As Florida faces one the highest rates of new coronavirus cases in the country, a more transmissible variant and millions of eligible Floridians have yet to be vaccinated, Gov. Ron DeSantis has found a way to make a buck from distrust in science and masks.
His campaign on Monday dropped a new line of merchandise, including drink koozies and T-shirts emblazoned with “Don’t Fauci my Florida,” “How the hell am I going to be able to drink a beer with a mask on?” and “Keep Florida Free.”
Perhaps the slogan “Florida has lost more than 38,000 people to COVID-19” or “Coronavirus cases have nearly doubled in the past weeks in South Florida” were taken — or wouldn’t sell any T-shirts.
As Floridians have ditched precautions to curb the spread of the virus, this new surge, fueled by the more contagious delta variant, could mean another bad summer for the Sunshine State.
July 2020 was the worst month of Florida’s COVID epidemic last year. Things probably won’t be as bad this time, thanks to vaccines, but could be better if fewer people weren’t so reluctant to get a shot — and if our governor spent his political capital encouraging his supporters to get vaccinated instead of fueling mistrust of scientific authorities and guidance.
Mask up — again
Just over 10 million people have been fully vaccinated in Florida, and there are more than 8 million who are eligible but have not yet been fully vaccinated, the Herald reported.
It’s clear the governor isn’t coming to our rescue, so the best Floridians, especially in South Florida, can do is mask up indoors — regardless of your vaccination status.
But didn’t the CDC say you can ditch your mask if you have been fully vaccinated?
Yes, but that’s guidance for the country as a whole, which was seeing about 31 new cases per 100,000 people last week, Mary Jo Trepka, an epidemiologist at Florida International University, told the Herald Editorial Board. In Miami-Dade, that rate was 150 per 100,000 for the same time period and it’s higher than in previous weeks and likely to continue rising, Trepka said. The World Health Organization also advised fully vaccinated people to continue to wear masks because of the delta variant.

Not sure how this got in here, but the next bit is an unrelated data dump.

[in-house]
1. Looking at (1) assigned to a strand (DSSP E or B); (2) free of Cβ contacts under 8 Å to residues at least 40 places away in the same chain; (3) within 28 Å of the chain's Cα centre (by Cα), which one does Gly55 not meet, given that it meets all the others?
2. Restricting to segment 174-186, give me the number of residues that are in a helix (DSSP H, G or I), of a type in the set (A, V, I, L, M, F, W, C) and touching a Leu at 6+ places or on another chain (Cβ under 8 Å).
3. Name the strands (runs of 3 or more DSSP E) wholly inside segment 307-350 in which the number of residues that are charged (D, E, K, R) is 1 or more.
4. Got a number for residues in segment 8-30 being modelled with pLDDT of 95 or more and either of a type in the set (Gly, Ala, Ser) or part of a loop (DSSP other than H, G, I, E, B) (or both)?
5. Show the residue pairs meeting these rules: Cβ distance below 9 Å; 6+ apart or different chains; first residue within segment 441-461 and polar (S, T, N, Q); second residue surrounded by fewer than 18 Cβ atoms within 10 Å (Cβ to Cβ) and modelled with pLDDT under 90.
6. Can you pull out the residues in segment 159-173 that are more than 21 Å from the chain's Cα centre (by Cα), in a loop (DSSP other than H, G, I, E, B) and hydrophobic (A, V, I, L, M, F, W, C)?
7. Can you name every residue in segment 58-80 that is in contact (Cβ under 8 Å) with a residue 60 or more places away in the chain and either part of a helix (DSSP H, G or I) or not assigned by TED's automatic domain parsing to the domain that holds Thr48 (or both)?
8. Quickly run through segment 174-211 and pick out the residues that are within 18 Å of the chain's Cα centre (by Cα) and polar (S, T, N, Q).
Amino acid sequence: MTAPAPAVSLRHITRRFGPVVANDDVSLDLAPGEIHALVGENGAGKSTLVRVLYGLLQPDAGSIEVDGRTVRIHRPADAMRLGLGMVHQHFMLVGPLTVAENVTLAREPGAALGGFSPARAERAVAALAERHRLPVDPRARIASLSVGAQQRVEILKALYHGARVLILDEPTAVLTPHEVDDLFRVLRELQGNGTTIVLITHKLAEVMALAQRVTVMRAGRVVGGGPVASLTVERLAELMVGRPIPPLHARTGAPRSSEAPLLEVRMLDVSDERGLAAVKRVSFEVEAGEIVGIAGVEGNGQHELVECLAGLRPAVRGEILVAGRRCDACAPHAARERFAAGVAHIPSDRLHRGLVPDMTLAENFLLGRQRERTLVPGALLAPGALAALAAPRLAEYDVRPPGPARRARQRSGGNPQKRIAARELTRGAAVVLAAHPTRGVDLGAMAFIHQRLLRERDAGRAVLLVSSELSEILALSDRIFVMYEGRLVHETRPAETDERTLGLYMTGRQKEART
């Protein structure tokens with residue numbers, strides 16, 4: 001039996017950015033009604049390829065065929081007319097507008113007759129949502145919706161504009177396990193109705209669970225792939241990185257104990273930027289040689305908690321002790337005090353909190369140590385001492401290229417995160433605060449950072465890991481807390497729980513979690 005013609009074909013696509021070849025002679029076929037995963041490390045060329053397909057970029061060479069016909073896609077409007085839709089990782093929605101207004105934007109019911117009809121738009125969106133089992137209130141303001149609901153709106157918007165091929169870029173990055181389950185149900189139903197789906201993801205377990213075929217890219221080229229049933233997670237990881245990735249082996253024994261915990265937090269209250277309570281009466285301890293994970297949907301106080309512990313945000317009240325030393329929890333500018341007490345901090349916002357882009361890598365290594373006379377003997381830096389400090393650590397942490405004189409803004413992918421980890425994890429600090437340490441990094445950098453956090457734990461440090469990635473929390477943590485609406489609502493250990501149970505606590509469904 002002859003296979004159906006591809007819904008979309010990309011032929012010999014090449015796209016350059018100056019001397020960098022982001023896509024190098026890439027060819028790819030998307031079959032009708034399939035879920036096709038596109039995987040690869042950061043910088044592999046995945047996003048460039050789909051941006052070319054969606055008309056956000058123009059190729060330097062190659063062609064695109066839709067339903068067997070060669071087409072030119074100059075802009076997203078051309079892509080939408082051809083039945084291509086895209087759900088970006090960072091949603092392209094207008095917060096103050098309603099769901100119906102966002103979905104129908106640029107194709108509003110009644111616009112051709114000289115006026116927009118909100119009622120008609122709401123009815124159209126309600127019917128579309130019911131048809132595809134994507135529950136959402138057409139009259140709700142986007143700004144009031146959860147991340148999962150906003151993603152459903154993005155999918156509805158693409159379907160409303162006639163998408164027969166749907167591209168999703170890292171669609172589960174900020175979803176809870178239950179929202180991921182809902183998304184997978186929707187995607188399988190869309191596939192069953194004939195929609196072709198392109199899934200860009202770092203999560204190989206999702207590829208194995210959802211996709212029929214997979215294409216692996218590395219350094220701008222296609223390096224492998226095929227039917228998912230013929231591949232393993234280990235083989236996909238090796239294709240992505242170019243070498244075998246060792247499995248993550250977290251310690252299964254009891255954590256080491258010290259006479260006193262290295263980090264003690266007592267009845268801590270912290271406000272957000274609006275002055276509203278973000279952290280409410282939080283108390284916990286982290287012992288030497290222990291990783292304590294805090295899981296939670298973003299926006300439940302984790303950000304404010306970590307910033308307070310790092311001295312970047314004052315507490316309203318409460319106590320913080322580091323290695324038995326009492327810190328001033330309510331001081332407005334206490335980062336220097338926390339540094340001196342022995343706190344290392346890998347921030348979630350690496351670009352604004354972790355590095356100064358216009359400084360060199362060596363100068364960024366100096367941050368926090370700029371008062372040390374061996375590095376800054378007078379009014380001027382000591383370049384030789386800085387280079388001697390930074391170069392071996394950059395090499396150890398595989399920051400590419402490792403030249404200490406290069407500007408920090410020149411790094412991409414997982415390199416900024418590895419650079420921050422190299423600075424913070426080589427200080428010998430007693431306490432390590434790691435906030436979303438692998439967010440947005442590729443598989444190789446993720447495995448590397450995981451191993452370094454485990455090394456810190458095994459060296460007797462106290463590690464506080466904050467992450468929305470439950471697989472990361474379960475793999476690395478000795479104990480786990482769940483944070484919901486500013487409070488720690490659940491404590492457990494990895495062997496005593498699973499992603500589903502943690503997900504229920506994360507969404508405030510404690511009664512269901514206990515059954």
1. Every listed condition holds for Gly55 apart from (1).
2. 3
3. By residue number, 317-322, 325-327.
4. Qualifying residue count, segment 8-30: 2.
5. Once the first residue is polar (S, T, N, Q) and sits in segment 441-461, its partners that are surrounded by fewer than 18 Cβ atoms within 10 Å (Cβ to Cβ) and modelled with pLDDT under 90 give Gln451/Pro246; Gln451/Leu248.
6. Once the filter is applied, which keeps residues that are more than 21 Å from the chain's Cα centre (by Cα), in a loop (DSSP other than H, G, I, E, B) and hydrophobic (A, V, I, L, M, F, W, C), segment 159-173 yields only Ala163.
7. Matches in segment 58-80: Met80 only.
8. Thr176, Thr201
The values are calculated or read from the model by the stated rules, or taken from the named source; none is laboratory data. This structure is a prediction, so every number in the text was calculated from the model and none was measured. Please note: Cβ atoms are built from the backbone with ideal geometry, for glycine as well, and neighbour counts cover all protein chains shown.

“We are not the rest of the country,” Trepka said. “We are a special case right now.”
Miami-Dade has relatively high vaccination rates with 73 percent of people ages 12 and up having received at least one dose of a shot, according to state data. But Miami-Dade is the U.S. county with the second-highest number of cases per 100,000 over a seven-day average, behind only Los Angeles County, according to the CDC. That’s likely because the virus has found groups with lower vaccination rates, such as younger people, who are less likely to be vaccinated and make up a growing share of hospitalizations.
An attack on science
The last thing we need is our governor saying “Don’t Fauci my Florida.” Dr. Anthony Fauci has become a lightning rod for the political right and those who balk at federal guidelines on masks and vaccines.
Attacking Fauci is obviously a play for DeSantis’ conservative base — and a dangerous one. Florida counties that voted for Donald Trump in 2020 generally had lower vaccination rates than those that voted for Joe Biden, with few exceptions, according to a Sun Sentinel analysis. People who mistrust vaccines also tend to mistrust masks, making them sitting ducks for the virus.
DeSantis recognizes the importance of the vaccine. He got a Johnson & Johnson shot, his office said in April, after much speculation over whether he would do so. Of course, there was no fanfare or an announcement, a sharp contrast to how he promotes his priorities, such as banning cruise lines and other businesses from requiring proof of vaccination.
DeSantis enjoys good popularity ratings, especially among Trump supporters — many of whom live in Miami-Dade. How nice would it be to see him travel the state telling them the vaccine is safe and that they can trust a fellow Republican’s word on it? That’s what he did early on with seniors and that likely saved countless lives.
But, unfortunately, sound public health campaigns aren’t good fodder for koozies.